Another example is the Tapols (political prisoner) Oral History Project Collection initiated by the IISH. Although archiving the oral history of a marginalized group is in itself an inclusive practice, the manner of archival description is pivotal in such a project, and in that respect, there is room for improvement. IISH's current description of this collection lists only the transcriptions based on the numbers of the tape. The names of persons interviewed are not listed, and no content summaries are given. While some interviewees are mentioned in the description at the collection level, others are not. This absence of information may be related to privacy issues concerning vulnerable people, which should indeed be considered. Nevertheless, a statement about the reasons for not mentioning the names is necessary as well as a content summary of each interview.
These often overlooked problems should be recognized and fixed in the pursuit of inclusivity. As I said, inclusive access calls for inclusive description. To achieve this, archival institutions need to recognize their underlying power structures that can – often inadvertently – silence certain voices, and to acknowledge various interventions to the archives and be honest about it. In this way, they will not only offer these endangered archives a place of refuge, but also make them accessible to more people, especially those closest connected with their content.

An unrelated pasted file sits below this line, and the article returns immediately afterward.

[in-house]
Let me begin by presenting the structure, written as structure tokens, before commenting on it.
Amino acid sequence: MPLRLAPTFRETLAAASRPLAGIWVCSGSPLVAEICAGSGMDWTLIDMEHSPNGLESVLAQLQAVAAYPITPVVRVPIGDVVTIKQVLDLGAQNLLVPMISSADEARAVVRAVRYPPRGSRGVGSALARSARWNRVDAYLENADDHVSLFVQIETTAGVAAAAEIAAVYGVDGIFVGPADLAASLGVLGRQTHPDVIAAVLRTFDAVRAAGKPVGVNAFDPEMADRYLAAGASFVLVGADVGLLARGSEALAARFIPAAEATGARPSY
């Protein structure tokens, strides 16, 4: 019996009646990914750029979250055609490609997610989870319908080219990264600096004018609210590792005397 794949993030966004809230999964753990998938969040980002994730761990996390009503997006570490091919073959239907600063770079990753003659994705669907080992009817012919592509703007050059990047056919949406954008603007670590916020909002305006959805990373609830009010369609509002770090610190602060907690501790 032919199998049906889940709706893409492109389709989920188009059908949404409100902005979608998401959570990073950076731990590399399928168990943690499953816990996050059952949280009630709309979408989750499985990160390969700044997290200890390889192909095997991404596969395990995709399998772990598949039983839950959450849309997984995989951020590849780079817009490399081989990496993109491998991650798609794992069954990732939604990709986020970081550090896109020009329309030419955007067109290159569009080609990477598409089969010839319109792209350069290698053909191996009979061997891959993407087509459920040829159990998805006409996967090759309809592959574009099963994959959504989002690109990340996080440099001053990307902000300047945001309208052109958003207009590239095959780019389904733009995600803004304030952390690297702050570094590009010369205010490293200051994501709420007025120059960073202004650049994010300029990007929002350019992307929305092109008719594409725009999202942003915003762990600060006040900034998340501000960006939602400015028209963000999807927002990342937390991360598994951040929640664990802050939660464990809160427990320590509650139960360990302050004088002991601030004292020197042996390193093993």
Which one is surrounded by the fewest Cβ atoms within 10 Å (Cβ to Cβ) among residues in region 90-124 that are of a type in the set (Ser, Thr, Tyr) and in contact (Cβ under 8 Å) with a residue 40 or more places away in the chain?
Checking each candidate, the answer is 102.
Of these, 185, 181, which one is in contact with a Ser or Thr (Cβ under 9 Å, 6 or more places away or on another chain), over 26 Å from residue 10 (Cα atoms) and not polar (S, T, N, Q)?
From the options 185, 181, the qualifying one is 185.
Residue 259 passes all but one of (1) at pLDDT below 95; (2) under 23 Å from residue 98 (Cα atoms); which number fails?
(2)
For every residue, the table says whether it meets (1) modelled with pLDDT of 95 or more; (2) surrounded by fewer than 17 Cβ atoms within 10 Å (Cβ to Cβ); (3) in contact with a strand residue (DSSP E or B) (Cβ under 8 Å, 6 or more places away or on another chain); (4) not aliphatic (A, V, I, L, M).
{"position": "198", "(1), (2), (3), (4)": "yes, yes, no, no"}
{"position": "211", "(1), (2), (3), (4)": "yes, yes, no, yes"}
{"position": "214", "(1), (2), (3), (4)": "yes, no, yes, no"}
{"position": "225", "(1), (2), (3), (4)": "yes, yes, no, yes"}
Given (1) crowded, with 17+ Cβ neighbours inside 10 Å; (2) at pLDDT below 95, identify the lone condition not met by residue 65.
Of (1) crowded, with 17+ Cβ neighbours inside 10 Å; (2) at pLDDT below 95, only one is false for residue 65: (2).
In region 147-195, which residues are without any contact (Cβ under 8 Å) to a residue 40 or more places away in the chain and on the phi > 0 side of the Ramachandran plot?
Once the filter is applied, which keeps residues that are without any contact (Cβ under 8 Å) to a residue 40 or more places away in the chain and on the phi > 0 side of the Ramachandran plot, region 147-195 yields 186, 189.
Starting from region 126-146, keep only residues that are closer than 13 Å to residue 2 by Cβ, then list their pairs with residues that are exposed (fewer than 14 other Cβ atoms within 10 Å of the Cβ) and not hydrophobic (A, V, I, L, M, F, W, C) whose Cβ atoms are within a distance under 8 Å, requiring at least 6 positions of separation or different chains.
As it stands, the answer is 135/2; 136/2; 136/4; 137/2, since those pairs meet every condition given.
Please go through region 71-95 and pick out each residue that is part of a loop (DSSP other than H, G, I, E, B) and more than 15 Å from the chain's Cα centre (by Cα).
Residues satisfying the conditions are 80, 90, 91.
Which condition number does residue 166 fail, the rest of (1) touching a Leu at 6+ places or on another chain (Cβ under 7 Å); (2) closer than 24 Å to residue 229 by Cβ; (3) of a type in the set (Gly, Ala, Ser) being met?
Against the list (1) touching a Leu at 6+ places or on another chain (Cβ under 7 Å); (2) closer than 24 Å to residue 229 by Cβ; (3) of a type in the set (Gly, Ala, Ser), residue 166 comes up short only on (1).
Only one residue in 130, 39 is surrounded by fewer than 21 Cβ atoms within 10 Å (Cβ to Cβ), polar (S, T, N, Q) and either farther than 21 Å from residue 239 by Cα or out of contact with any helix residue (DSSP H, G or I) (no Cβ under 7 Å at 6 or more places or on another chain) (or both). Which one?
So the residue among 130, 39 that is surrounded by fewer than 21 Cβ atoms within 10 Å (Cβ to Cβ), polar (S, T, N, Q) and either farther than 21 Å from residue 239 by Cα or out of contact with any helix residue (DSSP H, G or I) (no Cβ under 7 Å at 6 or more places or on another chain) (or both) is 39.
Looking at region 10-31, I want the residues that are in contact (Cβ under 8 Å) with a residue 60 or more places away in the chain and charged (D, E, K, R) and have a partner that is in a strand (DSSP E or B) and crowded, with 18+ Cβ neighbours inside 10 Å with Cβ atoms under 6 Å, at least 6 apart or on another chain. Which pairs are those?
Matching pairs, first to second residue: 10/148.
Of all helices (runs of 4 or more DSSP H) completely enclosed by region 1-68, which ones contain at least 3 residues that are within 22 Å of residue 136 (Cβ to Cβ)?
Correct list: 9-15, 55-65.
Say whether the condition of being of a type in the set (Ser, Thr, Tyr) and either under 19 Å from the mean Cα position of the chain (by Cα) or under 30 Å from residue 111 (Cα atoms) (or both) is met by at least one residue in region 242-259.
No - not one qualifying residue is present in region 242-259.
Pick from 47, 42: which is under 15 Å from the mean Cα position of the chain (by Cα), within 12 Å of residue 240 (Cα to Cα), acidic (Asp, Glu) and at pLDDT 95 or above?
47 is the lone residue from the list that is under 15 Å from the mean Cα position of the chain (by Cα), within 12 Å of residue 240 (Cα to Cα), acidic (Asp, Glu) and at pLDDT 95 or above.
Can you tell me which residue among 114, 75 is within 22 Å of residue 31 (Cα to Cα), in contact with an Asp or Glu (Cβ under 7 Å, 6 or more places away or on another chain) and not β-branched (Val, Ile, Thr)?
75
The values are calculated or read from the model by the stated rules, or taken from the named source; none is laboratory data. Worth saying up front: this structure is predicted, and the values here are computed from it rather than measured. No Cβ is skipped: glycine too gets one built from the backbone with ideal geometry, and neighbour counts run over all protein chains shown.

About the author:
Originally trained as a journalist, Rika Theo has written on a wide range of topics surrounding economy, politics and social issues in Indonesia. In the middle of her journalistic career, she was awarded a scholarship to study in the Netherlands. She completed her Master’s degree in development studies in 2010 and went back to Indonesia, continuing her work as a journalist. In 2014, she started her PhD in Utrecht University researching Indonesia-China student mobility corridor. After finishing her PhD and a short period work as a researcher in the Netherlands, she pursued her interest in archival study in the University of Amsterdam. As part of the master program, she started a research internship at the IISH’s Collection Department last February, which coincidentally lasted along with the Corona outbreak. The internship about the inclusivity of the archives came fruitful after all, resulting in several recommendations to improve IISH's archival description. This blog article is also derived from her research report.
This photo of PKI in Padangpandjang, 1923, shows many people with numbers, but the description tells only two names, Zaïnoedin in number 1 and Hadji Datoek Batoeah in number 2. Photo from: Blumberger, Communisme aux Indes Néerlandaises, 1929. Collection IISH